Page, following Fred Schauer, distinguishes between coverage and protection. All normative theories fail to explain the First Amendment’s coverage – nonlegal factors are more important – whereas they often do an ok job explaining what gets protected within the scope of coverage.

What are the coverage arguments about the SEC? An impending SEC/First Amendment collision was predicted 25 years ago, but Page is optimistic that things will change soon. The doctrinal justifications for excluding securities regulation are poor, based in dicta from the infancy of commercial speech doctrine. Other extensively regulated areas of economic activity are not exempt from First Amendment scrutiny – see cases on drugs, gambling and tobacco.

Some argue that securities are different – their value depends on firm-specific information which is hard to verify, making stocks a credence good. With a car, you can inspect and discover fraud much more easily. There are other credence goods, however, without this regulation and presumably covered by the First Amendment (comment: really? Why?). News is a credence good. Education is also a credence good – you have to believe that a law degree is worthwhile. Also, information intermediaries exist in securities as well – auditors and underwriters. Companies can make credible commitments through things like bank monitoring, which adds shareholder value.

If securities are different, why does the SEC allow purchases without information for exempt things like pink sheet stocks, foreign companies, and small offerings?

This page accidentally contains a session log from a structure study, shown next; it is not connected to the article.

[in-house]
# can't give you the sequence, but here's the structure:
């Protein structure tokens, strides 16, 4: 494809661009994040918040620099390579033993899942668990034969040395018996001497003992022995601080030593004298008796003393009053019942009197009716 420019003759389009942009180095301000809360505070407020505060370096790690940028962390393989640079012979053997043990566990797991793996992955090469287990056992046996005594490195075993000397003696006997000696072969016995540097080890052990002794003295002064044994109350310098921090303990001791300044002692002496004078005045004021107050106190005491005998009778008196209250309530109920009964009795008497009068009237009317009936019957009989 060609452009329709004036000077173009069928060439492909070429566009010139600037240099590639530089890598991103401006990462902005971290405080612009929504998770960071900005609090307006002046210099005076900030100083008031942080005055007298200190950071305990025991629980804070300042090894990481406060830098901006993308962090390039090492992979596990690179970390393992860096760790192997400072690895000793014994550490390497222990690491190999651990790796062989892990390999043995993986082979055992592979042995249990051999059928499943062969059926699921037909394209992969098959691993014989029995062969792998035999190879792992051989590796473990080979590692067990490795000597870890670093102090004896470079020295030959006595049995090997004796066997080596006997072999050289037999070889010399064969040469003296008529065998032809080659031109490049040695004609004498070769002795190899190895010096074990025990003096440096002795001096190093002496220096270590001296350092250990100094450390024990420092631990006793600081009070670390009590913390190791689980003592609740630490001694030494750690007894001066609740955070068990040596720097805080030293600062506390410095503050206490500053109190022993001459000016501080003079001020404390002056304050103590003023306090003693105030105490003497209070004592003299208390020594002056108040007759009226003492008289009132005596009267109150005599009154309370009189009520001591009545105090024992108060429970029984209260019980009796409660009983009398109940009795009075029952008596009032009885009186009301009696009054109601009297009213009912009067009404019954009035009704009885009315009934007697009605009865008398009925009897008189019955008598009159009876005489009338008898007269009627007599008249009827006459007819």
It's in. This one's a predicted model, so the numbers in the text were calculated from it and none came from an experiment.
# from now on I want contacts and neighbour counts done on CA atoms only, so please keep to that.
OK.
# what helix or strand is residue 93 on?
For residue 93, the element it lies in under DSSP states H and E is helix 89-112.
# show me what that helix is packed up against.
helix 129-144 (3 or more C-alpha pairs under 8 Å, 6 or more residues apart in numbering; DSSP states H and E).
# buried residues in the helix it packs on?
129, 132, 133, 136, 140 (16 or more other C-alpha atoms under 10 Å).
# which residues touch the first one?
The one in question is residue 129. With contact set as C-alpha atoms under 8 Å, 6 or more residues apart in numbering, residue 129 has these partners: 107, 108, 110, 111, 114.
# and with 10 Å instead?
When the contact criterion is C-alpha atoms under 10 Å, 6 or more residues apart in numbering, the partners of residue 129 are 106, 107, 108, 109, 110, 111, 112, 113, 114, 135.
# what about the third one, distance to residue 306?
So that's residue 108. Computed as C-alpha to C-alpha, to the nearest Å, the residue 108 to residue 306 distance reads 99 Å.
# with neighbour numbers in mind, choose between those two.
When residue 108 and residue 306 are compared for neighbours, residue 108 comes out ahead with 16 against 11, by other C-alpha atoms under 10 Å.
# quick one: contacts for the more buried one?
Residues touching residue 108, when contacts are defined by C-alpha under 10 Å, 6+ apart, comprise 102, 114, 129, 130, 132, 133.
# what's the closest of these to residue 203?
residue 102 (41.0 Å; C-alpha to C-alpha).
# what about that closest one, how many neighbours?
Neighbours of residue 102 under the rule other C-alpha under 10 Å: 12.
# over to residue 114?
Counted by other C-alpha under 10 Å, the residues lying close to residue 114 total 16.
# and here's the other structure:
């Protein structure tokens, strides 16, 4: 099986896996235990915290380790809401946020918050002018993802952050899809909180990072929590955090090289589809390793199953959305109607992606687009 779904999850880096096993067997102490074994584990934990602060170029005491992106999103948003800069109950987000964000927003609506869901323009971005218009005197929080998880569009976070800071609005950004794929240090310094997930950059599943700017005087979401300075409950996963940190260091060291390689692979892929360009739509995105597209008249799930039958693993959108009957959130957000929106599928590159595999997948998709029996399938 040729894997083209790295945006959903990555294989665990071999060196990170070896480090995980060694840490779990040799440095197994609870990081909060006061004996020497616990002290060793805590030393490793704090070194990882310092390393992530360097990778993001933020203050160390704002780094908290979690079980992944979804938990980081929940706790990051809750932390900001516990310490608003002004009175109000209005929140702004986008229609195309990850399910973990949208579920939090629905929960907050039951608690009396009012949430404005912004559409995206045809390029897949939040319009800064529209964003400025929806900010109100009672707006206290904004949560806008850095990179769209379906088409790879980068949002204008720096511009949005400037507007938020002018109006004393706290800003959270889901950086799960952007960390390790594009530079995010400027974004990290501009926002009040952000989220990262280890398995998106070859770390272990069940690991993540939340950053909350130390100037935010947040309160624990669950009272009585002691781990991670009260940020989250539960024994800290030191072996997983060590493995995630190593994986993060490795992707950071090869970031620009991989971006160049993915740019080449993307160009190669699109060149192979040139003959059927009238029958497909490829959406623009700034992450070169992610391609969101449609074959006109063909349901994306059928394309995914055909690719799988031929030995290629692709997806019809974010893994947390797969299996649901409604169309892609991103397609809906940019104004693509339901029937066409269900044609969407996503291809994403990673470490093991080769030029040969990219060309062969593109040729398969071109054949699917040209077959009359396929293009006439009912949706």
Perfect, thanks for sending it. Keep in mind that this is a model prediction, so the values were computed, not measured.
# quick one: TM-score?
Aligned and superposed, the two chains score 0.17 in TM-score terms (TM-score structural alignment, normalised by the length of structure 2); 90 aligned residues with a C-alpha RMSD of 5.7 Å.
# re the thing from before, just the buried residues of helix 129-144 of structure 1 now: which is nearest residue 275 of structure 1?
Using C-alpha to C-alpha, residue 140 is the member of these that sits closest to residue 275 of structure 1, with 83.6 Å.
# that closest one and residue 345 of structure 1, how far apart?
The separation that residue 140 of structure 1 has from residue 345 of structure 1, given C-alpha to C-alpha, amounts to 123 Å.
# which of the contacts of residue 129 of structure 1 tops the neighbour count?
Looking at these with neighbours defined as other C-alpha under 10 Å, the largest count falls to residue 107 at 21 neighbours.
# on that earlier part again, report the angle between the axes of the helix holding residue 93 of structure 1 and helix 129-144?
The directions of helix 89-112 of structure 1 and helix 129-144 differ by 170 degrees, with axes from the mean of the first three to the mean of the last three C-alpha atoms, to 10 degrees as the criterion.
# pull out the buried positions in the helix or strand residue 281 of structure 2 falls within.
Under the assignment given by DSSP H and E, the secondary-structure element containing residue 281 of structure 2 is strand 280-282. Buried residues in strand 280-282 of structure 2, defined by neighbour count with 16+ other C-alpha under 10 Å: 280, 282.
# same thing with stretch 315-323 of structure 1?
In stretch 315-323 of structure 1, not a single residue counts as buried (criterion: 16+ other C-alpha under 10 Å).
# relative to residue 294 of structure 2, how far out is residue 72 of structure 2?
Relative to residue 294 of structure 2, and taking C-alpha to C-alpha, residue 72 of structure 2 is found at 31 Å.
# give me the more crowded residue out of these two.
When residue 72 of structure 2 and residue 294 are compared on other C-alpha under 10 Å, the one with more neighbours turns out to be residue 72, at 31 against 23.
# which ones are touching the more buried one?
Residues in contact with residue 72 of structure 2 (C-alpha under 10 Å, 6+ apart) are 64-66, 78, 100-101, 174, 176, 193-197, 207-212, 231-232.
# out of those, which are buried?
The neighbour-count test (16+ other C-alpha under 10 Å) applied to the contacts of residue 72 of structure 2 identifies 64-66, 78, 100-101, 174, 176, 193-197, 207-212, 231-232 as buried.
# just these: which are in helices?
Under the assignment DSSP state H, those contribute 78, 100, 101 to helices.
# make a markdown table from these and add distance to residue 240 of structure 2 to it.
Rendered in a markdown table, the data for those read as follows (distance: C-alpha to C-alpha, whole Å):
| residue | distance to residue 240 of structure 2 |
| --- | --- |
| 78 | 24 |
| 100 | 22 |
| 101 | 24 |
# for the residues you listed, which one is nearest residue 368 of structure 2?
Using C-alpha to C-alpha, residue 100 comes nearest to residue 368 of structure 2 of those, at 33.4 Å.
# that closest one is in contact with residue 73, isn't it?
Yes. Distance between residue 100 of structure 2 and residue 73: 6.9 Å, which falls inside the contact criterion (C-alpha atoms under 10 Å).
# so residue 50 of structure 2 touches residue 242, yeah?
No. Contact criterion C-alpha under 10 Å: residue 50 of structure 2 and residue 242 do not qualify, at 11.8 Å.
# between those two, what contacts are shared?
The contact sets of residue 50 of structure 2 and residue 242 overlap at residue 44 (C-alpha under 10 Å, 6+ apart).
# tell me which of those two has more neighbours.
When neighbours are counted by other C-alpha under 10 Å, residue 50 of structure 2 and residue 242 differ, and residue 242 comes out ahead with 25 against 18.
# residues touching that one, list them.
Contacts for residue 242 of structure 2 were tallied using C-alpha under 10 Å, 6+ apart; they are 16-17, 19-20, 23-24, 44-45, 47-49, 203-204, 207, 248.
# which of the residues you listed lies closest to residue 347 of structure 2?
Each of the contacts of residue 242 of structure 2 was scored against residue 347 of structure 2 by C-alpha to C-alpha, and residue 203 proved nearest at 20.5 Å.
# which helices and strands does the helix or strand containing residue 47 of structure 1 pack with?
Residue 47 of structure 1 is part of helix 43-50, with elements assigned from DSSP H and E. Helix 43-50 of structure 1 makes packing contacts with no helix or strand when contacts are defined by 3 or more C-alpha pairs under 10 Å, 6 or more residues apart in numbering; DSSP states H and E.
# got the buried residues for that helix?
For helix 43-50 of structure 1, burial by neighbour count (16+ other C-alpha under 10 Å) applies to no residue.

Some argue that the capital markets would collapse without regulation. But First Amendment coverage doesn’t mean that all regulation would be struck down. Anyway, the empirical evidence about the need for regulation is mixed.

Questions: Is corporate speech different because a corporation is not a person?

Drury and Page agreed that the best foundation for First Amendment protection for corporate speech was the listeners’ interests in receiving truthful information. My reaction: that justification allows more regulation than a speaker-focused theory of First Amendment rights, because the listener’s interests are not aligned with the speaker’s in many cases. Hearer-based claims are used instrumentally by corporate speakers to get within the scope of the First Amendment; once that happens, they start making claims to have independent rights as speakers.